Volocopter put its VoloCity eVTOL (electric vertical take-off and landing) aircraft in French skies recently and said it could be ready to launch passenger services at the Paris Olympics two years from now.
The German company behind the 18-rotor, two-seat aircraft has been refining its design for the last decade as it competes with a slew of other firms exploring the urban mobility market.
Volocopter’s latest test run, shown in the video above, took place at Paris-Le Bourget Airport during this month’s Paris Air Forum. During the flawless flight, the machine covered a distance of 500 meters while traveling at speeds of up to 19 mph (30 kph) at an altitude of 98 feet (30 m).
The VoloCity air taxi can fly autonomously or be controlled by an on-board pilot. The design also allows the vehicle to be flown remotely by a pilot on the ground. The vehicle can travel for about 18 miles (30 km) on a single charge.
Volocopter CEO Florian Reuter said this week that he’s aiming to bring an air taxi service to the area in time for the 2024 Paris Olympic Games. Looking at the VoloCity’s latest test flight, such an ambition seems realistic enough, though the final decision will rest with local regulators who will have to be convinced of the aircraft’s safety and also its ability to handle air traffic control systems. At the least, we could expect to see the launch of a limited passenger service that limits VoloCity to a tightly controlled route during the Paris Olympics, perhaps ferrying officials and/or athletes to and from a site close to the stadium.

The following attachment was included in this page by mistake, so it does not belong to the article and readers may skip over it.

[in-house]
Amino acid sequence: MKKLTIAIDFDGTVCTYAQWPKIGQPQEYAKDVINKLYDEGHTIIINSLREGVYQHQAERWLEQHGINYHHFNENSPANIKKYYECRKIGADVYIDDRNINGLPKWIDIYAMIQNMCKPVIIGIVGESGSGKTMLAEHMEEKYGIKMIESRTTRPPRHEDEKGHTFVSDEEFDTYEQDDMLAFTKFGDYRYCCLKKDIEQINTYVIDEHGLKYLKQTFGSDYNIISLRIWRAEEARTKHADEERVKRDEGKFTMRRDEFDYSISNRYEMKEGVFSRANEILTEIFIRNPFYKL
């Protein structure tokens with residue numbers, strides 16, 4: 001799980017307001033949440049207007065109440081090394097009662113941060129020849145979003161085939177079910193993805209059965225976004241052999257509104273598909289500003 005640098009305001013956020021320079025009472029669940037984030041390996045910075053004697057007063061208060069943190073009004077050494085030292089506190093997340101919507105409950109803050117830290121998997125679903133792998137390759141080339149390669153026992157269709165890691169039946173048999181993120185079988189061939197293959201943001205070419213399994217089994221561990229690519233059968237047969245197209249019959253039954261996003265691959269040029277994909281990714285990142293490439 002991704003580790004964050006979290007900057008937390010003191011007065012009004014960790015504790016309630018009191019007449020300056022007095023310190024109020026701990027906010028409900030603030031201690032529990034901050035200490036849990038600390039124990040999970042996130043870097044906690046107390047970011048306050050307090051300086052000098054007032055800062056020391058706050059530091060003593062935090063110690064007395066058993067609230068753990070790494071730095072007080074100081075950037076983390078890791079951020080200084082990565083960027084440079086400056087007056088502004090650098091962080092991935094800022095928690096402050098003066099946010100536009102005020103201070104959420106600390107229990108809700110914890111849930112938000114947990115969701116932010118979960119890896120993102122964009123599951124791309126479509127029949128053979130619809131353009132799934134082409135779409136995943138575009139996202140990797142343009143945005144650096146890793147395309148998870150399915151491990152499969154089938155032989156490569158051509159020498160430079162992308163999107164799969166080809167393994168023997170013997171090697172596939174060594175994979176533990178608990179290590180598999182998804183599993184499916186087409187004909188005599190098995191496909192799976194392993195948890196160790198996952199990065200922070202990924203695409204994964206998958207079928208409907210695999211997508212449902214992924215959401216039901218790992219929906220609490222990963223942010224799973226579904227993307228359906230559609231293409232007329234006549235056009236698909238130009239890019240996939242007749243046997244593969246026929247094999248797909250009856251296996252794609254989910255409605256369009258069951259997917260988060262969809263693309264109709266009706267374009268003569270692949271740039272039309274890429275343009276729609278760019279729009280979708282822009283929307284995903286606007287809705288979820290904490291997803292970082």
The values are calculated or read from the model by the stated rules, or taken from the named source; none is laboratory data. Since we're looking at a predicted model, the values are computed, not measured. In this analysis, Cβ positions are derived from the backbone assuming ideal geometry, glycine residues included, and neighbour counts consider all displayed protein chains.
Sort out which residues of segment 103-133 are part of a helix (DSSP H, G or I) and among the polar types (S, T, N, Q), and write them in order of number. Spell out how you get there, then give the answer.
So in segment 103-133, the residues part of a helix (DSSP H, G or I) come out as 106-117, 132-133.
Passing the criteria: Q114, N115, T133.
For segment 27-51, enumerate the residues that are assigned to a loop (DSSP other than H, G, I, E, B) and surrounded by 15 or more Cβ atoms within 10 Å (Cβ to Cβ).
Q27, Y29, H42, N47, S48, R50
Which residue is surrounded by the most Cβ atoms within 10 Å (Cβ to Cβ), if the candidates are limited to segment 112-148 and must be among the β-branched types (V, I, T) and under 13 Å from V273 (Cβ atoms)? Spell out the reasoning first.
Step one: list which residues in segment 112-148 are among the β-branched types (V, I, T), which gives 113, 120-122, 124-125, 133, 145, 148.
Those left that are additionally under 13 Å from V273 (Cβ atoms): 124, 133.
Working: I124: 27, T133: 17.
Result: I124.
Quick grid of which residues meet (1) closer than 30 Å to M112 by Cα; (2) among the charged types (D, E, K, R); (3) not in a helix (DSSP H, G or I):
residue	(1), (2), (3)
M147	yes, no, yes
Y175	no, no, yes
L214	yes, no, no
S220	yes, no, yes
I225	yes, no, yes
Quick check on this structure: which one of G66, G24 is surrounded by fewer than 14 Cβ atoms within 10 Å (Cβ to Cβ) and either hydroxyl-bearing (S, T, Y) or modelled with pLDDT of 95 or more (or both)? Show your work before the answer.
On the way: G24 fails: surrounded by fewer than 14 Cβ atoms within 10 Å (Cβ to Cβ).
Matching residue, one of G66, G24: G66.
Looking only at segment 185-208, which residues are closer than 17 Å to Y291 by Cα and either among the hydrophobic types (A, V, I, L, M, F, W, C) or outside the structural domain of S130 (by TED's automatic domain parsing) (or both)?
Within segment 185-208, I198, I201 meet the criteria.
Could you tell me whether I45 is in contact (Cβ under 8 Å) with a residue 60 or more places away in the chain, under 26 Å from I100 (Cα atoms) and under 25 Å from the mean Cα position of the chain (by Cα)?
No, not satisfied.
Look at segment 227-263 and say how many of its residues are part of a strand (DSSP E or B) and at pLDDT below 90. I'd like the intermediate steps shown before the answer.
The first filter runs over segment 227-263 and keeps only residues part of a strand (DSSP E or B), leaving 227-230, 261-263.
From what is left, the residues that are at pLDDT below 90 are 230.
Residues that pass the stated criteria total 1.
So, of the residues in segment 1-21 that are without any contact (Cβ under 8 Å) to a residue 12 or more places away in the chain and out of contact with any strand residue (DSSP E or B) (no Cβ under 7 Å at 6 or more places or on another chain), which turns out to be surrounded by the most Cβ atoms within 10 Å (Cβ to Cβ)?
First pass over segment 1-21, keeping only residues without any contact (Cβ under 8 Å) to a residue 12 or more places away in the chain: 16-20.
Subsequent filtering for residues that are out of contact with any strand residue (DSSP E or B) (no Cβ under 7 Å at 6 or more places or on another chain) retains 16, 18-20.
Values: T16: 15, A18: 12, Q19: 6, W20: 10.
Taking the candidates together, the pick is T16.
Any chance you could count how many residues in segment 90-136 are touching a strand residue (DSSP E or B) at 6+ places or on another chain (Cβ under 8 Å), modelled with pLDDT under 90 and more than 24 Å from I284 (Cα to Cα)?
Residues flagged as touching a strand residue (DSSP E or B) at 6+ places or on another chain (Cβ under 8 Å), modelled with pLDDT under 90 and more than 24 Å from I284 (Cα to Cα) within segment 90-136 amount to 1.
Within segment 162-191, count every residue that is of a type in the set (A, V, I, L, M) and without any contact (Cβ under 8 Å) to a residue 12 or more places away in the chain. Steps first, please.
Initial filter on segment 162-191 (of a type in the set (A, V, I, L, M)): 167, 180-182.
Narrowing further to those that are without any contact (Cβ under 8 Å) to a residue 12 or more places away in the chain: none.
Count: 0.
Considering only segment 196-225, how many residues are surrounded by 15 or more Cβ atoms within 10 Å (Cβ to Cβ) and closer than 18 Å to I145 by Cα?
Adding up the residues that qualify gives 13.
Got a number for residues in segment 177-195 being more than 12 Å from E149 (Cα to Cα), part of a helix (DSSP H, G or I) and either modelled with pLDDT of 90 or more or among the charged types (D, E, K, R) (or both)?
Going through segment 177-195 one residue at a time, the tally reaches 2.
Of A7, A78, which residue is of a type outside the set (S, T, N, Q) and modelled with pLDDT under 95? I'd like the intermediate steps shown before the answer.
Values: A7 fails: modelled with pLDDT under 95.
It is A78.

In other efforts, Volocopter recently unveiled VoloConnect, an eVTOL aircraft designed to carry four passengers on journeys of up to 62 miles (100 km) at a speed of 112-mph (180 kph). With its six sets of rotors, two propulsive fans, and retractable landing gear, the VoloConnect machine looks markedly different to VoloCity. The company is currently testing scaled prototypes of VoloConnect and hopes to achieve certification for the aircraft in the next five years.
Volocopter is also working on VoloDrone, an eVTOL aircraft designed to carry cargo. It looks very similar to VoloCity but has no cockpit, meaning it has to be operated remotely, or fly autonomously.
To view other air-taxi designs currently under development by a slew of companies around the world, check out this collection compiled by Digital Trends.